How Do You Fix Overpronation?

The pronation is quite painful problem and if it is not treated well it might lead to serious body injuries and damage. To avoid that if you happen to have a pronation first of all consult with an orthopaedist, because he will be able to help you treat it. However there are some things that you can do at home in your free time in order to cure your pronation.

The first exercise is quite simple and all you need for it is a golf ball. To make the exercise you must roll the golf ball under each of your feet between 30 and 60 seconds and after you feel that the golf ball has touched one of the points that you feel pain you must pause for 10 seconds. While you are doing this exercise you must also make a stretch of your muscles by pulling your toes up and towards your shins. The second exercise is also quite simple and it does not involve any visits to the gym. To make it properly you must stand with your ankles in neutral position and push down through your big toe without allowing the ankle to roll in or the arch to collapse. At the very beginning you must hold that way for 5 seconds and total 10 times on each side or you can do both sides at one time. Later on you will get stronger and then you will have to hold the toe down for longer stretches and fewer repetitions.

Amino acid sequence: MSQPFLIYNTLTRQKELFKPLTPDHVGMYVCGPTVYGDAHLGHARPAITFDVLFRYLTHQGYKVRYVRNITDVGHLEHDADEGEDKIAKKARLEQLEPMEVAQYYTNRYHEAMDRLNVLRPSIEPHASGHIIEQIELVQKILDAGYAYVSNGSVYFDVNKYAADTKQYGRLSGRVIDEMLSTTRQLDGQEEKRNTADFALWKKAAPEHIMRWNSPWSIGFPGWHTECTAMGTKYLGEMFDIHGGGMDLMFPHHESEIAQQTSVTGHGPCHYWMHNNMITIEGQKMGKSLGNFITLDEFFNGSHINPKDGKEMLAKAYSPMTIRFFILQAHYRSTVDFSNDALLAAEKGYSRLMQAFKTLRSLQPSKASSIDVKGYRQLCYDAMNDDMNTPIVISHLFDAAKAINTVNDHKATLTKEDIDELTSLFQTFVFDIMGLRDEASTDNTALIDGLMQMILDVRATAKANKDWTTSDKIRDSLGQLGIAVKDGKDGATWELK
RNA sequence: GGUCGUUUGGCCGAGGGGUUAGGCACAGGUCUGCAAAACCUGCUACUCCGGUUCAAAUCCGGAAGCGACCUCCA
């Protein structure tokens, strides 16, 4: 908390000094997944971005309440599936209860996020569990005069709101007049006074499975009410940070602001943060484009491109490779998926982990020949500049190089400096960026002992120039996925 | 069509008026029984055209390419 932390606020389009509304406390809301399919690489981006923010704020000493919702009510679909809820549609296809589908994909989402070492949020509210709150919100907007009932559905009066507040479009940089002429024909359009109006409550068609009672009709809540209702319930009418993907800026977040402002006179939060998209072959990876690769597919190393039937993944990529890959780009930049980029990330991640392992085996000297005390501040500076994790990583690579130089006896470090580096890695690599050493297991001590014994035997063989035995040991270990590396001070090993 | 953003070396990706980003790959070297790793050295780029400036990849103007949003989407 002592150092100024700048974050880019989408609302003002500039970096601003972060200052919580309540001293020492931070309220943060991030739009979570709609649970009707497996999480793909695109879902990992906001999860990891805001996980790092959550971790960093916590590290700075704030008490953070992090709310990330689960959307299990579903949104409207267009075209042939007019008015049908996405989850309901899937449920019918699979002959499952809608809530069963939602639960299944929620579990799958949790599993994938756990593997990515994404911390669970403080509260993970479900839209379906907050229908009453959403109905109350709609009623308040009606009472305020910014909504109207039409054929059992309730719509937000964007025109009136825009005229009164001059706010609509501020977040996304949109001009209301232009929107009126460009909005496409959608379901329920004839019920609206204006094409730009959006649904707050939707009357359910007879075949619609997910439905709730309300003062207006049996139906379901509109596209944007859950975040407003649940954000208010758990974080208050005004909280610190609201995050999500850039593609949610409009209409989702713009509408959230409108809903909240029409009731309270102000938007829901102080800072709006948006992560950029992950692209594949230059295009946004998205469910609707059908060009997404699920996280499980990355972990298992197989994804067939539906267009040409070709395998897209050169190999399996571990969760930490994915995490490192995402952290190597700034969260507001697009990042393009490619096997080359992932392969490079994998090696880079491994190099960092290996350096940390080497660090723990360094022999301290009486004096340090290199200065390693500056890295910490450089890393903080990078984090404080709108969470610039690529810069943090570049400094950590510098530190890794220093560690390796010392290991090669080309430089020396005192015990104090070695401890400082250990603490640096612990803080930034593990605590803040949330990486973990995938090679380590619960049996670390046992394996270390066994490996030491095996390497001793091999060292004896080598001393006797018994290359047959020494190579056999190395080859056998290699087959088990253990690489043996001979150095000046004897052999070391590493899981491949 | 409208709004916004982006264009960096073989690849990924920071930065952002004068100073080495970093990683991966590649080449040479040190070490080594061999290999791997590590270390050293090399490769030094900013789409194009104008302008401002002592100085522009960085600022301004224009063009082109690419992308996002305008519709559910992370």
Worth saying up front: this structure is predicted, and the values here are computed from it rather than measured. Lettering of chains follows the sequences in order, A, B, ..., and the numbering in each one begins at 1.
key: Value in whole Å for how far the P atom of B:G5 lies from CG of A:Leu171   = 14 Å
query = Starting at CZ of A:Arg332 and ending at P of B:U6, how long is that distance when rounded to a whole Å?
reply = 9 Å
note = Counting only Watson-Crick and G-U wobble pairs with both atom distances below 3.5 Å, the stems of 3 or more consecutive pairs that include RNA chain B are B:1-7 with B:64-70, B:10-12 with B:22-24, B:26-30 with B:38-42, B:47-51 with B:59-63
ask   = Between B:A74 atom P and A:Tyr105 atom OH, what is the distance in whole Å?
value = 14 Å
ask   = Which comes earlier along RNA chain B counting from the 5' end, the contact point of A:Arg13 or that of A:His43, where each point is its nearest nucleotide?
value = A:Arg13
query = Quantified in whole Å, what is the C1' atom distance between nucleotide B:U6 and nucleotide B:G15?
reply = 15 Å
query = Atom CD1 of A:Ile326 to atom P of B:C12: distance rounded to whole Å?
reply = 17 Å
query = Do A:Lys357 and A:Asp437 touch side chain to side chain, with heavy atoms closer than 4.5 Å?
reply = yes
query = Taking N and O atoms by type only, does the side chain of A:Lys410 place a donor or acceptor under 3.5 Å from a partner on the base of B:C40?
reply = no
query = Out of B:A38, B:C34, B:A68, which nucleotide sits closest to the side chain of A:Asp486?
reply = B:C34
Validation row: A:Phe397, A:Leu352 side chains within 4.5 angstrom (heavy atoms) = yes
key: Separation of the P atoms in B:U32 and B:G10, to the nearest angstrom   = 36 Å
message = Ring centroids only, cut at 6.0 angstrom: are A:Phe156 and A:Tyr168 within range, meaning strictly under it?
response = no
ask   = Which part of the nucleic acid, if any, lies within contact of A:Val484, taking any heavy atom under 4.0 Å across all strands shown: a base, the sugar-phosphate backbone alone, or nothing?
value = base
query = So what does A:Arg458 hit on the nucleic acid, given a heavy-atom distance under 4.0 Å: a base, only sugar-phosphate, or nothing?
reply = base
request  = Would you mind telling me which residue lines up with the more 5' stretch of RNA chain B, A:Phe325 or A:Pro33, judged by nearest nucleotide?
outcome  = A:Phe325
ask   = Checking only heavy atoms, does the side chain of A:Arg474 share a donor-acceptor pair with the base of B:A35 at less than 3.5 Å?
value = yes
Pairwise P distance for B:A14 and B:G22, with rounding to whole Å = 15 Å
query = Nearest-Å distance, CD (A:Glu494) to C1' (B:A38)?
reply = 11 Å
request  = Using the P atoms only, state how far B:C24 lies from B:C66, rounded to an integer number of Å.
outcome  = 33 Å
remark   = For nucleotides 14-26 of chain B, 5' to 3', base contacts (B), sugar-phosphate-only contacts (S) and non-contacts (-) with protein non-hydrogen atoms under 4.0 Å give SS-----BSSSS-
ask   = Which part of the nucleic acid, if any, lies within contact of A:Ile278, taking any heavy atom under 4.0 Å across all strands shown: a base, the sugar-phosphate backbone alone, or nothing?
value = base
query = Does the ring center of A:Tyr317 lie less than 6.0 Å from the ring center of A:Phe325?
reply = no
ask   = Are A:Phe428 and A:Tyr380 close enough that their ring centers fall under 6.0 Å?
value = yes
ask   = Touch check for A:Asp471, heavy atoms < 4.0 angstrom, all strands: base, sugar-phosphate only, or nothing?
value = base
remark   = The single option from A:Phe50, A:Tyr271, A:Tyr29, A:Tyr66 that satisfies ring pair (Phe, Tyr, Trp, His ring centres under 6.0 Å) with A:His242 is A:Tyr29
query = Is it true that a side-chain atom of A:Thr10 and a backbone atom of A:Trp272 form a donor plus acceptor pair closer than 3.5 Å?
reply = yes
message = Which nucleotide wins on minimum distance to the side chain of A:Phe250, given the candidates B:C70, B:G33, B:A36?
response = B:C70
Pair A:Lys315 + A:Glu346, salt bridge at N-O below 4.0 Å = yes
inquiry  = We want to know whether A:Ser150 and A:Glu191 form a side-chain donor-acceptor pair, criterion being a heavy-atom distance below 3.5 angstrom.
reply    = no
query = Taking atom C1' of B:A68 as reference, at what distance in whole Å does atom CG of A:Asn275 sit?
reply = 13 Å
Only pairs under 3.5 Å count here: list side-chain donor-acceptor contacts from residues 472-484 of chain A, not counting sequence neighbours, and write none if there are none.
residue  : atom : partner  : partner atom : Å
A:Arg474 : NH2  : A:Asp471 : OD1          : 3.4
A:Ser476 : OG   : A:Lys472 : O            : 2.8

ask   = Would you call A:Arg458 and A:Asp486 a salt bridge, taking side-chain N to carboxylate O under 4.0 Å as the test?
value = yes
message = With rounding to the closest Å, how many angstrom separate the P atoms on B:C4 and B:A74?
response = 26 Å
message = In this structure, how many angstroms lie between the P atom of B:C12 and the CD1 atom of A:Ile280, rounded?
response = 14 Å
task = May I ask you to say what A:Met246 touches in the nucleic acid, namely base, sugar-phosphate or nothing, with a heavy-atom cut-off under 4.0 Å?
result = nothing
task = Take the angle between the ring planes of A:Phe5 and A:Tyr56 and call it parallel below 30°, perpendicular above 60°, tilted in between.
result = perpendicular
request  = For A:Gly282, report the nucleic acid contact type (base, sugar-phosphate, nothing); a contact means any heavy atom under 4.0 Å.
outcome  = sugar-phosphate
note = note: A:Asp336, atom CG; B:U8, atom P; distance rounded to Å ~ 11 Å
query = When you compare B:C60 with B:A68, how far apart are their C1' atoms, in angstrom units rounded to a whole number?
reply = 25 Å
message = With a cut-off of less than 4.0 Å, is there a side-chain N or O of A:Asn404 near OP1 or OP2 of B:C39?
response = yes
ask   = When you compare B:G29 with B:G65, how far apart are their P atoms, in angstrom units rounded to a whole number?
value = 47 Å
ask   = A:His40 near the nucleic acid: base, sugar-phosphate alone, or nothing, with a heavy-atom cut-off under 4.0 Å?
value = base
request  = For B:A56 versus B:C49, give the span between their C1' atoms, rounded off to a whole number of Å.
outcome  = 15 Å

You’ll be able to start feeling your muscles contractions under the arch of your foot and while you are getting stronger, you will have the ability to consciously engage that muscle, while you are performing weight bearing exercises. These exercises are quite simple, but they will help you to cure your pronation for sure and you will avoid all of the expensive and time consuming procedures. Flat feet in the medical terms is hyperpronation, it means over pronation. The pronation is a motion of flattening of an arch as foot rotates counter clockwise. Pronation is very important as it allows your foot to absorb the shock. Additionally, Pronation allows all these bones of mid foot to unlock & become a “bag-of-bones”. Being loose “bag-of-bones” allows the foot adapt to the uneven surfaces.